Irrespective of the numerous political reasons why Saddam needed to be killed, I think that trying to argue that his execution is unwarranted as a matter of Catholic teaching is exceedingly wrong-headed. As long as he was alive, he continued to serve as an active and willing rallying point for his followers that sought to restore him to power. That was the whole goal of al-Awda (the Return, i.e. the Return of Saddam), which back in 2003 was one of the leading Baathist groups in the insurgency. And while they have since been replaced by al-Qaeda in Iraq, they are still active and still killing people today. So even without taking into account his enormous crimes against the people of Iraq and their neighbors, I think you can make a fairly compelling case for executing Saddam on grounds of the public good. Your average criminal is not going to have followers carrying out violence with the goal of securing his release as long as he was imprisoned, whereas Saddam's were. Under the circumstances, I'm not seeing a problem here. The idea that to execute someone is to deny the efficacy of God to carry out justice is both a red herring and very bad theology - taken to its logical conclusion, that would mean that we shouldn't have any laws or punishments whatsoever. As I believe it says in the Catechism, God has chosen not exercise all sovereignty Himself.
Also, this has been bugging me for some time but Mark really needs to cool his inner integralist the next time he denounces conservative blogosphere for not following the teachings of the Catholic Church. As he seems to recognize whenever he is dealing with, say, Jonah Goldberg (unless he's also be subject to anathema sit), a lot of conservatives aren't Catholics, so it isn't surprising that they aren't going to be in synch with the Church when it comes to issues of morality. A lot of them probably don't follow the Church's teaching on Petrine primacy or contraception either. Why we should expect otherwise when we believe that the Church is the summit of truth (thereby implying that others would have less access to it than we do) is beyond me.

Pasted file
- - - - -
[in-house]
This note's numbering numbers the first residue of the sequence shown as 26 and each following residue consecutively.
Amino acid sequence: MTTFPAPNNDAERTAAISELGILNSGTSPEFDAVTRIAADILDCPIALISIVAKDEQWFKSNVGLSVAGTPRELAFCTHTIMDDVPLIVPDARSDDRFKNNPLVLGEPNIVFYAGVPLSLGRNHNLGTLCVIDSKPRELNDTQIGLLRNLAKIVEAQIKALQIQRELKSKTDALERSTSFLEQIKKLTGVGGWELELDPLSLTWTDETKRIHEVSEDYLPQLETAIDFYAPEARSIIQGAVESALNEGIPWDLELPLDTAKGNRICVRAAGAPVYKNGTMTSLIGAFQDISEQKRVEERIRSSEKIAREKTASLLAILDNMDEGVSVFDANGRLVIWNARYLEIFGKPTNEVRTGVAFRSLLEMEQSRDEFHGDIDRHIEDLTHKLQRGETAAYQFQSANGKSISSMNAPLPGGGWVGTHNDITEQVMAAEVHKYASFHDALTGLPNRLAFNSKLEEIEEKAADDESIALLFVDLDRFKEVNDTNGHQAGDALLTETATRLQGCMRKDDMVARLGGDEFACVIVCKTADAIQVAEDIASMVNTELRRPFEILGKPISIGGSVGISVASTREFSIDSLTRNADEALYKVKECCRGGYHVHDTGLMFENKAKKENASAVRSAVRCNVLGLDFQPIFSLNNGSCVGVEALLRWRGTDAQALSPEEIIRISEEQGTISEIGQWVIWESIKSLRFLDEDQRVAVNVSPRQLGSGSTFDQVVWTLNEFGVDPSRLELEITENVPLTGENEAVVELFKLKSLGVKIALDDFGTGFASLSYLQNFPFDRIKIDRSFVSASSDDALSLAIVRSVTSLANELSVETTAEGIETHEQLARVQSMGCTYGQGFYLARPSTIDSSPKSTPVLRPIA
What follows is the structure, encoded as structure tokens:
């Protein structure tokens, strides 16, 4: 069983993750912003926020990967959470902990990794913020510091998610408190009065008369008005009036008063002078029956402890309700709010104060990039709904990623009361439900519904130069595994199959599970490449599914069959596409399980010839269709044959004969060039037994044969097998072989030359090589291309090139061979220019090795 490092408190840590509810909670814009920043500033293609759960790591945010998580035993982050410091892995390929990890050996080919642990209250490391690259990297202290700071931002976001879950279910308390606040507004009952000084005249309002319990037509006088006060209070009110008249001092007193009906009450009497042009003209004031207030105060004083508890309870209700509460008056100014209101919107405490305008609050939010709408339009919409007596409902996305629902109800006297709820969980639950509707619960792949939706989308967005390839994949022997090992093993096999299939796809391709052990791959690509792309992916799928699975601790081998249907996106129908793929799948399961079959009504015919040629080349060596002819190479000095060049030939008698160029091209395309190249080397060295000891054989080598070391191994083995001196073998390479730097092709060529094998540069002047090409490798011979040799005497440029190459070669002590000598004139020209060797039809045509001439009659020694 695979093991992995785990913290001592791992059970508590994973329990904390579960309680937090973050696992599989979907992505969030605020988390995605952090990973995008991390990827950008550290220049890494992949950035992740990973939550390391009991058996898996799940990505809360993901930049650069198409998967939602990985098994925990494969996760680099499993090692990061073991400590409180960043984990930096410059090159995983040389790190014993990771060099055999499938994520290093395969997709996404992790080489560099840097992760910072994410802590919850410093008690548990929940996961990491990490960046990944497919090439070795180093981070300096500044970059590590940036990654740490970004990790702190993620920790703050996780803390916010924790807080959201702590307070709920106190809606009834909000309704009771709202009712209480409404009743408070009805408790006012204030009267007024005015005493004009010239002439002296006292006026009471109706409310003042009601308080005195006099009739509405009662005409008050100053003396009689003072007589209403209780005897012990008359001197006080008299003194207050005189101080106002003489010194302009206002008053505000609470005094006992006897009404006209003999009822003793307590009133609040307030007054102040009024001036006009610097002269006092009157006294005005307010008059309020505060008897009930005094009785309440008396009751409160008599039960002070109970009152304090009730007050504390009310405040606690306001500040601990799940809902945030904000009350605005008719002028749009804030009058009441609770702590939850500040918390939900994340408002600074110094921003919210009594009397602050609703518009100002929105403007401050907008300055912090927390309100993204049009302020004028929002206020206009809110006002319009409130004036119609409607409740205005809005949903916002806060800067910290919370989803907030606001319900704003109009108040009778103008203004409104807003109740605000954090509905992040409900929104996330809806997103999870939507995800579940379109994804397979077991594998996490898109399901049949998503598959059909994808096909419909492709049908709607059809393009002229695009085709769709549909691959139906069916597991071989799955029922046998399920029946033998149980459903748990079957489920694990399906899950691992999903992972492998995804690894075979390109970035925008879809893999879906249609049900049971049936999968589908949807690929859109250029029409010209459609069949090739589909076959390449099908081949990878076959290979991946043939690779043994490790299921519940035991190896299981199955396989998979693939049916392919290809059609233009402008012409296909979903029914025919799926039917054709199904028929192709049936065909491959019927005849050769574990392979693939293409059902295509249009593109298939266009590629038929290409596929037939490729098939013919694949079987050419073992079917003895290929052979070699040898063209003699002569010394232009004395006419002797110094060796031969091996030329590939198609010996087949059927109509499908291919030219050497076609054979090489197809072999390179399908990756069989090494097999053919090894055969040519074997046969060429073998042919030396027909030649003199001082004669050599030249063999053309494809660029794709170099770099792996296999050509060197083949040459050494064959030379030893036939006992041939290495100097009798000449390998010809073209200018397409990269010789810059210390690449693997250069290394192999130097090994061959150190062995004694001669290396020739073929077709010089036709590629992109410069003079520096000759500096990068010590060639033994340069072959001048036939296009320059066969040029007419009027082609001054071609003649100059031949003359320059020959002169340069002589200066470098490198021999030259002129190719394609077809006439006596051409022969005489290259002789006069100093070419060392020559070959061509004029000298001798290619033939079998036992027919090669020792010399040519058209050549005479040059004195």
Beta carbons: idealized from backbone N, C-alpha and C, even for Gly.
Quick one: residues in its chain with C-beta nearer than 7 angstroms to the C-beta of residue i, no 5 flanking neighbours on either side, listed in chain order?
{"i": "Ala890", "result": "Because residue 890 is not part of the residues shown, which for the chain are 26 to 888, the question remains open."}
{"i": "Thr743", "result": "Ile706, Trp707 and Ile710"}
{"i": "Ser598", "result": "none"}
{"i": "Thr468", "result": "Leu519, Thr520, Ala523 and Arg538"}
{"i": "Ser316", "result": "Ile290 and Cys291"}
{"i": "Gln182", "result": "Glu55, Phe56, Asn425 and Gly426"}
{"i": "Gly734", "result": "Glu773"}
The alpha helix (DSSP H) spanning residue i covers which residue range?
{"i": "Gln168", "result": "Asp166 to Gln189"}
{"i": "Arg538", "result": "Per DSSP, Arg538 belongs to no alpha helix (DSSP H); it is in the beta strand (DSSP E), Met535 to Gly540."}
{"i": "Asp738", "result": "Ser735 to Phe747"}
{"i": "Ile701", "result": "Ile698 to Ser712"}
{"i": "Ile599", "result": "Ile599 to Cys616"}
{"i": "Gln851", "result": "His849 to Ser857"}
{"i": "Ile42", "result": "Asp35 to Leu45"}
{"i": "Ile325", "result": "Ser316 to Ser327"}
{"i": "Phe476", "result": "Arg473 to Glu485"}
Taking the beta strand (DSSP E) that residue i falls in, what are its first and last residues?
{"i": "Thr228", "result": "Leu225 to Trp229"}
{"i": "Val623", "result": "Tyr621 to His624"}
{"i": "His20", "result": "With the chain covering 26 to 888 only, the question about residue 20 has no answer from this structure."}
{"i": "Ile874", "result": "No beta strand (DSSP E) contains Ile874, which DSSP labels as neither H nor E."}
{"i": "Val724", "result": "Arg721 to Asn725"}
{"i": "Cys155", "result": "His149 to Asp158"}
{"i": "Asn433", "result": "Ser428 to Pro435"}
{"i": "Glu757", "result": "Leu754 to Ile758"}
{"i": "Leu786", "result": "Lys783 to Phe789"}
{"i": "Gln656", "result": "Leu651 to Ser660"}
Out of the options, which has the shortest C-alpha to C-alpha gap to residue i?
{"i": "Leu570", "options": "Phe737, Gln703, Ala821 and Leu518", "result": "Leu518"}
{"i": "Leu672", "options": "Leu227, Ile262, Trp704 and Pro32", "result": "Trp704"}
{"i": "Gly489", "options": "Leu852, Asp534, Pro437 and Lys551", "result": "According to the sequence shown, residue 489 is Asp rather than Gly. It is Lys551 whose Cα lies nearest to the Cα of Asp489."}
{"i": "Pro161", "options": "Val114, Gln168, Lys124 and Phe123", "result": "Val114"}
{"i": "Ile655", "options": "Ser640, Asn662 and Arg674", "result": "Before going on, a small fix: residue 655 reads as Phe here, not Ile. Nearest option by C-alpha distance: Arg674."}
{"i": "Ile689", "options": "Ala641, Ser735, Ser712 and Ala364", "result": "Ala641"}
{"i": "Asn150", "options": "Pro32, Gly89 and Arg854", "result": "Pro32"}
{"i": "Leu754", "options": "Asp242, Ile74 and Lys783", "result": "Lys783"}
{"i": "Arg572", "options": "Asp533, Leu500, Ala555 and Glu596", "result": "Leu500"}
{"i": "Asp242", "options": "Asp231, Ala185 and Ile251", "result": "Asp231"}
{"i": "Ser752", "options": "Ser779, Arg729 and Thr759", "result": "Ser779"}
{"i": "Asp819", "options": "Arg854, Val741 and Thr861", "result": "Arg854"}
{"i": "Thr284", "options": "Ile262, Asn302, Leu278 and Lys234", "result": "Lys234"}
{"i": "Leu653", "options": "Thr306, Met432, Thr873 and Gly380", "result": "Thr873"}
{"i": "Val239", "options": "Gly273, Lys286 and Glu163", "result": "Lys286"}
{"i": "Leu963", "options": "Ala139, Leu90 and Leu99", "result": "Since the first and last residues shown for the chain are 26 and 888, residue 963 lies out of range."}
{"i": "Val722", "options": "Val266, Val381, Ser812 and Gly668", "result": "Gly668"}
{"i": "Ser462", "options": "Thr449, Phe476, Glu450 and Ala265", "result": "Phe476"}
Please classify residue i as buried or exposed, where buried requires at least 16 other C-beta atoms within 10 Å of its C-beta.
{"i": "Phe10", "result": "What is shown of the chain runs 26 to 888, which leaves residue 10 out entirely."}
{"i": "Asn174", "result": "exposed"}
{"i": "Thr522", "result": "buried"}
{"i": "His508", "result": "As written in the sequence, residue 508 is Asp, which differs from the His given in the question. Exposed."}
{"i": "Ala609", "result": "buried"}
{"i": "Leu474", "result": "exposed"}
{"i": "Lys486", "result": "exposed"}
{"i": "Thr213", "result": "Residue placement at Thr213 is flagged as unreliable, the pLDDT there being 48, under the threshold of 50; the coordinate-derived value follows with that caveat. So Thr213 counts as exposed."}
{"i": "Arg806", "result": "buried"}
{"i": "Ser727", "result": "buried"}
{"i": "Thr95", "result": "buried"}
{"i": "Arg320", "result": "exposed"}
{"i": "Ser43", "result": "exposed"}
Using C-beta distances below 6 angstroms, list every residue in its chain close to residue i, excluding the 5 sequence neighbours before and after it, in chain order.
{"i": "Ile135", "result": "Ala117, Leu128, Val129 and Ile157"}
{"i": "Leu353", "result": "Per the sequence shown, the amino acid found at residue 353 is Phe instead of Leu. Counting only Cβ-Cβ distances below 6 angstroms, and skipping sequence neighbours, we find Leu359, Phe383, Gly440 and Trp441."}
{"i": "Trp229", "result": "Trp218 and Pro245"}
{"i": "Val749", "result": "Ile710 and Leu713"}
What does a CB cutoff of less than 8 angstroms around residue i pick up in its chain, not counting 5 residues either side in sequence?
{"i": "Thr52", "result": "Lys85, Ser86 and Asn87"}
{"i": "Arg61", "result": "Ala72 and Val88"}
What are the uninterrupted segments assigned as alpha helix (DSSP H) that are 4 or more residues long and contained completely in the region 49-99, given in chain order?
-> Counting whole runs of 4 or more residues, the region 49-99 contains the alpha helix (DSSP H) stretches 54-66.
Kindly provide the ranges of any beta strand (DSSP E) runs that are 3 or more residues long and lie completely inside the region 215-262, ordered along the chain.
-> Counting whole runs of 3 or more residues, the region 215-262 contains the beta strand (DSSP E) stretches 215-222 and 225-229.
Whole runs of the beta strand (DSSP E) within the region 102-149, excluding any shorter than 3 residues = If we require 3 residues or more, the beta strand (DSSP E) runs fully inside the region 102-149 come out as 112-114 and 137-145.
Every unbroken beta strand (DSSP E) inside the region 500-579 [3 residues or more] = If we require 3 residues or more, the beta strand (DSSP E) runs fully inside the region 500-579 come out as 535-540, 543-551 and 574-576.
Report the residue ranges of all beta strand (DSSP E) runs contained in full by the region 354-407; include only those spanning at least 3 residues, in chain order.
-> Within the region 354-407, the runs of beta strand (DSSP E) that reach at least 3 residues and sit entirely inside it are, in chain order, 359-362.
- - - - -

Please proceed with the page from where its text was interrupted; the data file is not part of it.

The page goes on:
Now that all said, the manner in which Saddam's execution took place was extremely bad politically. Here's why: beyond angering all the usual suspects in the West (of whom Mark is now unfortunately among, given his creeping paleoconservatism), by allowing Muqtada al-Sadr's thugs (and al-Sadr himself?) to oversee the execution, al-Sadr and not the Iraqi government are going to get credit for killing Saddam Hussein, giving him even further prestige as he seeks to position himself in a position of leadership in Iraq.
I really can't add much to Tom Connelly's response (quoting David Frum) to Mark's idiotic remarks about neocons now being critical of President Bush:
Where did this idea come from that either you must support and applaud everything the administration has done in Iraq - or else you must turn your back on the whole thing? Intense debate over strategy and tactics is exactly what you would expect in a democracy at war. Those who support a war's aims do not always or even usually support every element of a war's execution.
Of course, if Mark care enough to pay attention to what the neocons were saying, he might recognize that Bill Kristol and the Weekly Standard have been calling for more troops and Rumsfeld's removal since the summer of 2004. And then there is the issue (unanswered in the combox) as to why neocons becoming critical of the administration's conduct of the war is any different from Mark. The answer: because the neocons still want to win in Iraq, whereas Mark appears to have more or less given up on victory in the war on terrorism as a practical matter until Western culture readjusts itself to a point he regards as healthy. Thank God his attitude was not prevalent in the 1940s, when all manner of religious, racial, and class bigotry every bit as inimical to Catholic values predominated American society.
As for this, Mark makes a false conflation between prisoner abuse and torture (there is a difference between the former and the latter), just as he conflates disagreement with him and his bad arguments on Catholic teaching to a desire to condone torture. Until he can wrap these differences around his head (an event I expect will result in a Nomad-like collapse of his internal reasoning), he isn't going to be able to do more than demagogue when it comes to this issue ... which has pretty much been what he's been doing since it became clear that he isn't willing to argue substantively because he believes that anyone who disagrees with him (and isn't a prominent Catholic apologist) is motivated only by politics.